'Downhill'

Will Ferrell (from left), Julian Grey, Julia Louis-Dreyfus and Ammon Jacob Ford are a family on vacation in the new dramedy “Downhill.”

The Swedish film “Force Majeure” was one of the best movies of 2014. The dramedy about the fissures that appear in the relationship of a married couple on a ski vacation wasn’t especially funny, at least not ha-ha funny. But the at times darkly comic film was lit by flashes of human behavior so recognizable to anyone in a long relationship — wry one minute, wrenching the next — that a viewer might not know whether to laugh or cry. A winner at Cannes, it was a perfect balance of melancholic and sanguine humors, with no room, or need, for improvement.

It is therefore no surprise Hollywood had to remake it.

The real surprise, however, is that “Downhill,” starring Will Ferrell and Julia Louis-Dreyfus (who also has a producer credit), is respectful enough of the source material to avoid cheap laughs and maintain the original tone of acerbic honesty. It isn’t great. It’s a watered-down version of the original, but it’s still pretty good: neither wise nor profound, yet sometimes smart and with sharp elbows — especially if you have nothing with which to compare it.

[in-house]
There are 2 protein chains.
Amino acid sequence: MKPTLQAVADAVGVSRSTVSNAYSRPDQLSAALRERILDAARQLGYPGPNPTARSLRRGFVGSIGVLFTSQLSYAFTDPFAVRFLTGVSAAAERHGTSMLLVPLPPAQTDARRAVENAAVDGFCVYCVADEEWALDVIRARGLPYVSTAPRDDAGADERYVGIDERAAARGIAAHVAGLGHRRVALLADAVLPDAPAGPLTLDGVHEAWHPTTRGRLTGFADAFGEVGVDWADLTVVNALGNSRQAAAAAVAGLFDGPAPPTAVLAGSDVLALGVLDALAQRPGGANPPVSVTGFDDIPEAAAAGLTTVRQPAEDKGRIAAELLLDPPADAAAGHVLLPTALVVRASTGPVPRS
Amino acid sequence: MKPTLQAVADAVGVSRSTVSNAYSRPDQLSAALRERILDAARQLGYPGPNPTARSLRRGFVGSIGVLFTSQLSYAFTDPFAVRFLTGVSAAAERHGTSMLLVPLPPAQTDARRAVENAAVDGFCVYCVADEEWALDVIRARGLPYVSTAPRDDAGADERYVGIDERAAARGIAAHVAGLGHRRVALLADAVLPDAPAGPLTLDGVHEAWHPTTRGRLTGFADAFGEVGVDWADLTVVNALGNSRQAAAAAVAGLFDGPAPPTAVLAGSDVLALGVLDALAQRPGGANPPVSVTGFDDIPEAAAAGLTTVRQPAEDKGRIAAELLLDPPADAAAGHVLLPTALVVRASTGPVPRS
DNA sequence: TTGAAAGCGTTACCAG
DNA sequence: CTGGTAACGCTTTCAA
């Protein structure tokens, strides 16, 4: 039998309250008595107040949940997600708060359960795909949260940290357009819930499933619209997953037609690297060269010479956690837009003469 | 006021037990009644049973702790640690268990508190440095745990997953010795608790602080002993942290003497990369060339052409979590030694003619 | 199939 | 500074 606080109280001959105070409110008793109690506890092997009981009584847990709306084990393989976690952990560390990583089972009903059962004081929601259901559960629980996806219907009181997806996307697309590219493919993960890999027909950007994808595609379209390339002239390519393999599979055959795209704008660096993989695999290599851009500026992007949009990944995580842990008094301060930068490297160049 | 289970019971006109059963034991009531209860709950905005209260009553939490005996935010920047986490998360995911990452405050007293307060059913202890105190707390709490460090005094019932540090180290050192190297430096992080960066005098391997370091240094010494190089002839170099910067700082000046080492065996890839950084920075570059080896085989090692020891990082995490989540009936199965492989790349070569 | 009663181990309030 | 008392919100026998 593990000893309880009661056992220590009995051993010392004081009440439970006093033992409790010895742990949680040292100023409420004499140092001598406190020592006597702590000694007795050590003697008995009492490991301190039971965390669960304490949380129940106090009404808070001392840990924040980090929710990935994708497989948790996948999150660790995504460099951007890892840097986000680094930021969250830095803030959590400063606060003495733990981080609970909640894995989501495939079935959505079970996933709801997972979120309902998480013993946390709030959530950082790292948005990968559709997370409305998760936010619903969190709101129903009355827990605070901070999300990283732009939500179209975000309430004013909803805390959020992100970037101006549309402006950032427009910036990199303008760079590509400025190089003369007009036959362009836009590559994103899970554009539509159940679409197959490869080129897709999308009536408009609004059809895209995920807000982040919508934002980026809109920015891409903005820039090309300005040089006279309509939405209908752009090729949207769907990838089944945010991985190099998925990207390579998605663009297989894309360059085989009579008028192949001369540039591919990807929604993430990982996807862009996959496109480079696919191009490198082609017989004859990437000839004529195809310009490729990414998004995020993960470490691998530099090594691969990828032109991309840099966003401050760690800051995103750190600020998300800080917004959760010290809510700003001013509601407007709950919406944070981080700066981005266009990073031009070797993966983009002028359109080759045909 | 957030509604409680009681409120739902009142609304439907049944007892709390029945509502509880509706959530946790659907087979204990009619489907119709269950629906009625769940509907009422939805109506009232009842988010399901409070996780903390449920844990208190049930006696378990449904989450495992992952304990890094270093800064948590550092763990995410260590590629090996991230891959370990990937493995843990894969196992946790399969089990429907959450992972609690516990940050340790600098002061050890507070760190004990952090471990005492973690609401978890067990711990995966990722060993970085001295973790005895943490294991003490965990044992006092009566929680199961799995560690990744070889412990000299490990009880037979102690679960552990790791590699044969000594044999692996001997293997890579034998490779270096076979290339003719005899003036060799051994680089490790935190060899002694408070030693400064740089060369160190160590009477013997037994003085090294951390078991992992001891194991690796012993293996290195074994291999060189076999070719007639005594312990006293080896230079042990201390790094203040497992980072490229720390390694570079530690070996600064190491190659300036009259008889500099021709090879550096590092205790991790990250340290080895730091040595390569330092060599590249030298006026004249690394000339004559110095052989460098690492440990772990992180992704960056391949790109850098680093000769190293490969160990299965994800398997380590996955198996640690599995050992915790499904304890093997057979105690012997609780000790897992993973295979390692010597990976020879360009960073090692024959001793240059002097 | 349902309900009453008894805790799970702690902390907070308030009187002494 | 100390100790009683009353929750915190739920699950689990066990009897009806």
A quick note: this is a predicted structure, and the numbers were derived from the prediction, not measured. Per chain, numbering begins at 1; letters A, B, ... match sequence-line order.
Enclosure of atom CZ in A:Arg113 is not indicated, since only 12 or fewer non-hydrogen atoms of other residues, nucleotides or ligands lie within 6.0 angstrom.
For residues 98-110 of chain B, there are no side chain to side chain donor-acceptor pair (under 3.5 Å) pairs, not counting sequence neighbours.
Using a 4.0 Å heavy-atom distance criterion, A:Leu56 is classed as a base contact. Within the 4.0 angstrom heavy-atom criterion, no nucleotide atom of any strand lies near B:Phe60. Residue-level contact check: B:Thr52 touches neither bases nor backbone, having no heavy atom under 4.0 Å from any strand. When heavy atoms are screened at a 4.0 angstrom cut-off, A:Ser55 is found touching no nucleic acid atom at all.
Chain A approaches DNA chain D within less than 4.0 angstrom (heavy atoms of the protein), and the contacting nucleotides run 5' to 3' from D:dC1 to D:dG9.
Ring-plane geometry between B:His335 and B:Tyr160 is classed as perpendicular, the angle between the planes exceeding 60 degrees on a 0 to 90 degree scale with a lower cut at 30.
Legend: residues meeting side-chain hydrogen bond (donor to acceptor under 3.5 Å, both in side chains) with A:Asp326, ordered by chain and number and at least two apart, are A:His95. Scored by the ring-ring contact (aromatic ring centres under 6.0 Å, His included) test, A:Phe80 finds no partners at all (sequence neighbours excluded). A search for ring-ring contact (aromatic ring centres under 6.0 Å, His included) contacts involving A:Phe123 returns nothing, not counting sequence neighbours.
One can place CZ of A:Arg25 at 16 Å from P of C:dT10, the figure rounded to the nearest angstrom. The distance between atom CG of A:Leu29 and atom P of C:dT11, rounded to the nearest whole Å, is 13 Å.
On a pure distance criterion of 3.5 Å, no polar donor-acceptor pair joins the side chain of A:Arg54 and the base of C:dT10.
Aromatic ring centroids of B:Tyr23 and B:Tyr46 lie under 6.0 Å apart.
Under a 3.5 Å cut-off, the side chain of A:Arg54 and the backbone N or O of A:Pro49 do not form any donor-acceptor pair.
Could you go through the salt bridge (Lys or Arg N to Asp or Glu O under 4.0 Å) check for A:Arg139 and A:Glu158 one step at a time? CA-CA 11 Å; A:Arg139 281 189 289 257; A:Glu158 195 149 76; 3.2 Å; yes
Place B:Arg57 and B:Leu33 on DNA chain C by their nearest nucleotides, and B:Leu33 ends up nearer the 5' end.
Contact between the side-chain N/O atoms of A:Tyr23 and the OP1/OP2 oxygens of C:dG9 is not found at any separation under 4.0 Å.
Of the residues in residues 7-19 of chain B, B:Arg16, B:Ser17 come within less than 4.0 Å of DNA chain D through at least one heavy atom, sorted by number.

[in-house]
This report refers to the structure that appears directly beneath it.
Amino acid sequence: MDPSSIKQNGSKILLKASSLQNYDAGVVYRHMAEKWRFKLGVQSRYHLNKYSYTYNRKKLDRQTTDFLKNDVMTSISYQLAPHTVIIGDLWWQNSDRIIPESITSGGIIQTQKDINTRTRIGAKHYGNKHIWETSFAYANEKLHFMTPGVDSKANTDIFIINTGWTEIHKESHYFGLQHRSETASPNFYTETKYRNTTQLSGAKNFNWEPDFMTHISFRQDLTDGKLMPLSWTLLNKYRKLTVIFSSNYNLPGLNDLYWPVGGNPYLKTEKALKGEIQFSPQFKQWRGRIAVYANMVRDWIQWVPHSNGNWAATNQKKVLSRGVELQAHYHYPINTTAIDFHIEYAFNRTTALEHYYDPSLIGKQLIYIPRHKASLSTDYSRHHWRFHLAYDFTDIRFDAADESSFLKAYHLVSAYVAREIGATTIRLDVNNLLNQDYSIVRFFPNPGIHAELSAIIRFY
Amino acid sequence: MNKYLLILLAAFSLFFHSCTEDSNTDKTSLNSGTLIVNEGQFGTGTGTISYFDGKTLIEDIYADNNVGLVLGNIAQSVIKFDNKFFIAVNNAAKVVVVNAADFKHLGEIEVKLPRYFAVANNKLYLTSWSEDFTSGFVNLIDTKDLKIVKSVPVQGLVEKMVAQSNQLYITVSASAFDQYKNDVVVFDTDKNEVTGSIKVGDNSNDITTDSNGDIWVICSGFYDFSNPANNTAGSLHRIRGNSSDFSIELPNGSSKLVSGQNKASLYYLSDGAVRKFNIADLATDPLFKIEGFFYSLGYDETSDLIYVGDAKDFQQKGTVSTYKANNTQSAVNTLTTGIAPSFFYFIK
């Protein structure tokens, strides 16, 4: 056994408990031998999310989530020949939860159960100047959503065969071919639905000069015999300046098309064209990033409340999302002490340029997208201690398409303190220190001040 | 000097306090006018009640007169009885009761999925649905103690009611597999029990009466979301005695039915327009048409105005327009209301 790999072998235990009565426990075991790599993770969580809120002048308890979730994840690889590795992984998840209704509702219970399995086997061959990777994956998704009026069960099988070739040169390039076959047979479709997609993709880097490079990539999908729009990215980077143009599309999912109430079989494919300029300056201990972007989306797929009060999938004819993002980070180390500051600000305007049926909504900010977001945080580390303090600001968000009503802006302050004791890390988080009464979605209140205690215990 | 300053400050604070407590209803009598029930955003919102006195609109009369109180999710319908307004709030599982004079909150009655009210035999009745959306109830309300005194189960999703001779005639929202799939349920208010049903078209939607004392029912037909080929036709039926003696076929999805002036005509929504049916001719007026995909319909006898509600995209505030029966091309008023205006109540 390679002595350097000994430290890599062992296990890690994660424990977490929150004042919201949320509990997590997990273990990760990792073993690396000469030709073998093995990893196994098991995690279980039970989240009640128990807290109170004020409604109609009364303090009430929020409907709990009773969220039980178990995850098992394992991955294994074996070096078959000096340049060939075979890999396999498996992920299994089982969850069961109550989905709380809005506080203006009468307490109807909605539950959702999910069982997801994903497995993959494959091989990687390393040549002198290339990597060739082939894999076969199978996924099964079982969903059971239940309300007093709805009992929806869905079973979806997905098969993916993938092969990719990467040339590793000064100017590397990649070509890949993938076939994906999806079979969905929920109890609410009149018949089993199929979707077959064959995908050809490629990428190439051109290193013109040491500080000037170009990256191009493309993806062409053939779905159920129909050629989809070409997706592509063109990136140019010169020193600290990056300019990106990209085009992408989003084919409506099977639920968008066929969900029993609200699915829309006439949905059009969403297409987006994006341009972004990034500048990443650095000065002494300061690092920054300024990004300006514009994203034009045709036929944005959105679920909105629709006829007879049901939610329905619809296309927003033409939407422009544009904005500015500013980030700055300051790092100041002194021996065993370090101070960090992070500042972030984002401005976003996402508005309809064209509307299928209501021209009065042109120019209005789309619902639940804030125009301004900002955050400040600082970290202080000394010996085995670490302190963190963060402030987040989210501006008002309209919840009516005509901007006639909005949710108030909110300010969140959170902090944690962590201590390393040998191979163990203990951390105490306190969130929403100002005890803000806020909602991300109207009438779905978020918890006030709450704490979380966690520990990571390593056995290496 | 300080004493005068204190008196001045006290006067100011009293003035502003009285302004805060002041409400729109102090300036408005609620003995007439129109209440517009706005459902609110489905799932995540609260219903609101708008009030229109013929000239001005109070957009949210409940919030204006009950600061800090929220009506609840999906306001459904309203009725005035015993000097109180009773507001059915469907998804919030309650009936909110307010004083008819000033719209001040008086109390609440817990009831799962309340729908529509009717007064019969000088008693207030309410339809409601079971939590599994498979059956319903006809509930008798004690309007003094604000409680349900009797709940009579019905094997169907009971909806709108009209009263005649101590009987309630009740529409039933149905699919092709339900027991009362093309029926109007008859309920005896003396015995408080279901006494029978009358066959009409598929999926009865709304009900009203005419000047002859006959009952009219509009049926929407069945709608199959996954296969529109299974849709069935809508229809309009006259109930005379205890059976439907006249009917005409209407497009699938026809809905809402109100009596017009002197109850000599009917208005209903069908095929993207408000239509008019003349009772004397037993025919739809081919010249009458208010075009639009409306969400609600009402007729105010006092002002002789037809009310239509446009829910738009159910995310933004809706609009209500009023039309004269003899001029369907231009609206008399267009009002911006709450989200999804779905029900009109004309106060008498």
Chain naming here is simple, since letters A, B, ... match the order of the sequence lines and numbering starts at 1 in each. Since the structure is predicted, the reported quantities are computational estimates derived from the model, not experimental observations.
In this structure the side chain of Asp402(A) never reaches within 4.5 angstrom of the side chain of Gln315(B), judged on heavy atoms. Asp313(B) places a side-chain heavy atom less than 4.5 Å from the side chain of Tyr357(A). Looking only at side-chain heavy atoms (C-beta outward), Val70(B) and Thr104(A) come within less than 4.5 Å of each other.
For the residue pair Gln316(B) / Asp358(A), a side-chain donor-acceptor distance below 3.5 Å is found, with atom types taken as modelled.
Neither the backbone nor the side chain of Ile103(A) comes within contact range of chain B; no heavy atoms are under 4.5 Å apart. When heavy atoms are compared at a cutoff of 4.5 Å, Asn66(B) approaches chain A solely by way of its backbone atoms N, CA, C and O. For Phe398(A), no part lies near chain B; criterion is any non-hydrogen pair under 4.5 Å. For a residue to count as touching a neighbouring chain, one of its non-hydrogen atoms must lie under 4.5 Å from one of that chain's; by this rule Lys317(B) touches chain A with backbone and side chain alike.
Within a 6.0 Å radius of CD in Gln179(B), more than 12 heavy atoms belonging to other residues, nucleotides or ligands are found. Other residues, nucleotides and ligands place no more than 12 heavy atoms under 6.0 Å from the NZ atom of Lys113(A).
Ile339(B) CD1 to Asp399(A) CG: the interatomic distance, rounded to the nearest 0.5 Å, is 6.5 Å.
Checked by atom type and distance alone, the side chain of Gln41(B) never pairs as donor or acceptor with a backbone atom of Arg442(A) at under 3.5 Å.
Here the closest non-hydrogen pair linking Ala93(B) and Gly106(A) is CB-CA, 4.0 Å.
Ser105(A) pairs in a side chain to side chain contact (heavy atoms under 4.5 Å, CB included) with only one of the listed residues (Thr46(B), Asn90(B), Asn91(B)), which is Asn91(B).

Ferrell and Louis-Dreyfus play Pete and Billie Stanton, a married couple who are vacationing in the Austrian Alps.

With their two sons, they’re staying in a fancy ski village, billed as the “Ibiza of the Alps” and geared toward party-hearty adults, not parents of rambunctious tween boys.

As it happens, there’s a more appropriate family-friendly resort a mere 20 minutes away. This unfortunate booking by Pete — who throws money around like he’s trying to impress people, or buy their affection, including blowing $2,000 on a day of something called helicopter skiing — turns out to be only the first of a handful of bad decisions on his part.

During lunch one day on the outdoor terrace of a chalet-style restaurant, a controlled avalanche is set off by the resort’s snow management staff, leading to an impulsive choice by Pete that he will instantly regret, and that will slowly, over the course of the film, start to eat away at the veneer of harmony and civility that the world sees when they look at the Stantons, revealing the weaknesses beneath.

In their roles, Ferrell and Louis-Dreyfus resist a natural temptation to mug for the camera, wisely choosing restraint over release. Their characters aren’t quite as poignant as the couple in “Force Majeure,” but these two comedians give the drama a go, ultimately finding an equilibrium between jokes — and frankly, there aren’t many of them — and the film’s sometimes unsettling emphasis on the more hard-to-swallow comedy of awkwardness.

“Downhill” is, at heart, a story about two wildly different interpretations of the same event: one from the stereotypically female perspective of a nurturing mama bear; and the other from the somewhat more caricatured point of view of the fragile, egotistic male — nicely embodied by the fleshy, feckless Ferrell.

“Downhill” has a few yuks, but for the most part, it cuts the comedy, substituting that icky feeling that comes from being trapped on a train, plane or bus, trying not to eavesdrop on the couple in the next row. They aren’t exactly arguing, but rather stewing in simmering silence.

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